Research organisations following the craze for sustainability research initiatives should be careful they don’t become fashion victims.
I am not averse to following fashions: in the 1970s I had my yo-yos and wore corduroy; in the 1980s I kept time with a Swatch Watch and solved the Rubik’s Cube; in the 1990s I walked around in Camper shoes and read a Michael Crichton novel; and today I own an iPod and have a pair of glasses with no rims.
I am no Diogenes. Far be it from me to deride faddist behaviour, being as susceptible to social trends as the next person, but I feel compelled to voice misgivings about the current national obsession with “sustainability”.
Don’t get me wrong. I am all for sustainability. I sing a hallelujah chorus every time I think of corporate Australia’s newfound fascination with the concept. Is there any ASX-listed company left that doesn’t mention “sustainable development” in its annual report?
I have apprehensions, though, about the sudden popularity of sustainability as a theme for research activity. Across Australia, universities and research agencies are diligently planning centres, institutes, schools, departments and other initiatives with a sustainability theme.
Some programs reflect long-standing capabilities. Murdoch University has hosted an “Institute for Sustainability and Technology Policy” since the 1980s. Other institutions have been fostering capacity in this space in a considered way over many years. But there are also organisations that appear to be undergoing a conversion to the importance of sustainability research that is as vapid as it is rapid.
Nearly a decade ago the folks at CSIRO (not usually appreciated for being ahead of the fashion curve) rebadged their “Division of Wildlife and Ecology” as the “Division of Sustainable Ecosystems”. Researchers in other organisations are now being encouraged to follow their lead.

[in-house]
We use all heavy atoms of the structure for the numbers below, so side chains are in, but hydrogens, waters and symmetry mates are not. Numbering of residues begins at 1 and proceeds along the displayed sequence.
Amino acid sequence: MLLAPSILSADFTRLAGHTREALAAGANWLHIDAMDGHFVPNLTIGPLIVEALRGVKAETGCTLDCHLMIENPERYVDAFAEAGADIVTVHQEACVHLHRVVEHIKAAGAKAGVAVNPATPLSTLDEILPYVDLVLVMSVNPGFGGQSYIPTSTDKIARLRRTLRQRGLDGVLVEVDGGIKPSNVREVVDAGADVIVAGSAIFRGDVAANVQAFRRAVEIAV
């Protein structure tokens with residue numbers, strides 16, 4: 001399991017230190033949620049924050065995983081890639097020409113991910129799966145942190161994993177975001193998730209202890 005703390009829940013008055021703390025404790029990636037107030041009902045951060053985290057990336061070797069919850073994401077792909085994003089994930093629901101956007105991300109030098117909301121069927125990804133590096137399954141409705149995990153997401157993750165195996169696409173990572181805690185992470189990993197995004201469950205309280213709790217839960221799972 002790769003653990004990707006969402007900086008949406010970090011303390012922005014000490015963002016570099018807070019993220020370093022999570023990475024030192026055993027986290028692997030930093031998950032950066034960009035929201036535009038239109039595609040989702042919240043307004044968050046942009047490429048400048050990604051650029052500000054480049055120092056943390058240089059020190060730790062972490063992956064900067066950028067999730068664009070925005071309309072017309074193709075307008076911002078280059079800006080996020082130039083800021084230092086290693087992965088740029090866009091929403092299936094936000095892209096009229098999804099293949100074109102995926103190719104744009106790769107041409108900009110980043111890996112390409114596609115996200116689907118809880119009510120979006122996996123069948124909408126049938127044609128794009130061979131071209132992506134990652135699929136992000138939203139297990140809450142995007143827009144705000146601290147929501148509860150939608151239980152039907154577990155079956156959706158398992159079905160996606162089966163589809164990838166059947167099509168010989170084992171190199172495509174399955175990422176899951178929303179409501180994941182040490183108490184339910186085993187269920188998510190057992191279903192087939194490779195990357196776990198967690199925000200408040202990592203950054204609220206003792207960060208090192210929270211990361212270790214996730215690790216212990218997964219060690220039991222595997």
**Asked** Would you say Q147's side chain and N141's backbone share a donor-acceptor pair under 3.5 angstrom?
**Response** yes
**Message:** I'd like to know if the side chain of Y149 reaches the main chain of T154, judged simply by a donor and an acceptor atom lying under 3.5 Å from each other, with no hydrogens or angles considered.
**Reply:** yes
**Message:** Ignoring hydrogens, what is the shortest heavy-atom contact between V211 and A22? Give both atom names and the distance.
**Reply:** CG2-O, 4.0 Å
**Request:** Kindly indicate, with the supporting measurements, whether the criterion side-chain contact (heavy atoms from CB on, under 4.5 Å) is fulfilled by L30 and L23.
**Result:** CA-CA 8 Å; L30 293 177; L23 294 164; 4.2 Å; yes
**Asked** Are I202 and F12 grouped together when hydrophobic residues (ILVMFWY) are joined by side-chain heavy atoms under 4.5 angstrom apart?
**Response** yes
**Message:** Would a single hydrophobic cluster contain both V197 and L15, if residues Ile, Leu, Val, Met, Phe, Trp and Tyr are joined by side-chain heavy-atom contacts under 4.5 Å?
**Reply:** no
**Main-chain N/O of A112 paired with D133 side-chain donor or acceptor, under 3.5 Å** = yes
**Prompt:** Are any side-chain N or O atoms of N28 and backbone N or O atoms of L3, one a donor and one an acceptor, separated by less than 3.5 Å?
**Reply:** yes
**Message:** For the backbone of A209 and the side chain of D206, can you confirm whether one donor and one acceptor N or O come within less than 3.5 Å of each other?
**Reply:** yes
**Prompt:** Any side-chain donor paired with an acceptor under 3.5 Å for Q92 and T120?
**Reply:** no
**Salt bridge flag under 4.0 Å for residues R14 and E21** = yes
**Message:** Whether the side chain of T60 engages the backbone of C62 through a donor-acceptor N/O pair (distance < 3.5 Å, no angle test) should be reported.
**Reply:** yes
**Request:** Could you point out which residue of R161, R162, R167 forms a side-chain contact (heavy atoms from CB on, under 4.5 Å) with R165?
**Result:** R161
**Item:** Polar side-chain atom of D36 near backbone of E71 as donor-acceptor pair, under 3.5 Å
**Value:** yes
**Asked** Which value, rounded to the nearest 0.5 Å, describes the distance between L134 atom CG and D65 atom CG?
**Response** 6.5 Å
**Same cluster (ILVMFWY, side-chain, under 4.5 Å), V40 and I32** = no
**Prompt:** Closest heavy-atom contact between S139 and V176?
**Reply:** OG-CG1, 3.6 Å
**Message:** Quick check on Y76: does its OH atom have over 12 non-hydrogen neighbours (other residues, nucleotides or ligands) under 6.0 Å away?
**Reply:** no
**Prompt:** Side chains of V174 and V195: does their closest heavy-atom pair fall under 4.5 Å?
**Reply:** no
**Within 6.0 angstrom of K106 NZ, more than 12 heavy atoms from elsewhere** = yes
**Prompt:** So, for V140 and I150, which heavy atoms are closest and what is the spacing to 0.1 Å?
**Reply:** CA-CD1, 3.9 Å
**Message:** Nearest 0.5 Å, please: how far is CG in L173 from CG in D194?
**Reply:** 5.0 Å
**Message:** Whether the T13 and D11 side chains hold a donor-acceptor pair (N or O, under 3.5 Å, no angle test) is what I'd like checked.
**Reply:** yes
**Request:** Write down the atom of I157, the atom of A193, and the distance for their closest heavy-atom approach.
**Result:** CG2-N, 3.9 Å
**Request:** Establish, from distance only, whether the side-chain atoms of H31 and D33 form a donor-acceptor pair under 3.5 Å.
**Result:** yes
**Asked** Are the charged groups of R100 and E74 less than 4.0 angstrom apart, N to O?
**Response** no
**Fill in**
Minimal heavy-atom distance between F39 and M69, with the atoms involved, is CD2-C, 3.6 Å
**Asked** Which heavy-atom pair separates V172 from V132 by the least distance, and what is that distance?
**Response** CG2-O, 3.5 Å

Unfortunately, to “be adorned in the first style of fashion” does not necessarily imply that what you are doing is significant. Just look at the mixed bag of nanotechnology research initiatives now peppered across Australia.
In my experience, the criteria used within most research organisations to make investments in fashionable areas are usually less stringent than in making investments in unfashionable areas. The more popular an area is, too, the less attention tends to be given to competitiveness.
A biologist at one large Australian university recently informed me that his senior leadership has been pressuring him to move into coral reef research, in line with their newfound desire to build a “sustainability brand”. Never mind that they had absolutely no background in the area or that others, in more tropical locations, are already doing plenty of excellent reef research.
No matter how worthy, every novel initiative also brings its own opportunity cost.
If you were building a big energy research institute on the back of the oil crisis in the 1970s you may have regretted your lack of capability in biotechnology by the 1980s. If you were investing in a superconductivity centre in the 1980s you may have bemoaned your failure to invest more in information technology going into the 1990s. If you backed bioinformatics or genomics in the 1990s you may have wished a decade later that you had put the same money into climate research, nanotechnology, earth sciences or - surprise, surprise - back into energy.
Usually by the time a field has become fashionable you are already too late if you don’t already have a presence. There is no reason to imagine that the same won’t be true for sustainability research.
A genuinely sustainable society needs research institutions working across a diversity of areas. Before putting faith in the bandwagon, Australia’s research leaders would do well to remember that, while many sustainability initiatives will be worthwhile and some institutions will do well out of this theme, many also will fail.
Dr Thomas Barlow is a technology and research strategy consultant and a former advisor to the Australian Government. His book about Australian ideas and identity, The Australian Miracle, was published by Picador in April 2006.
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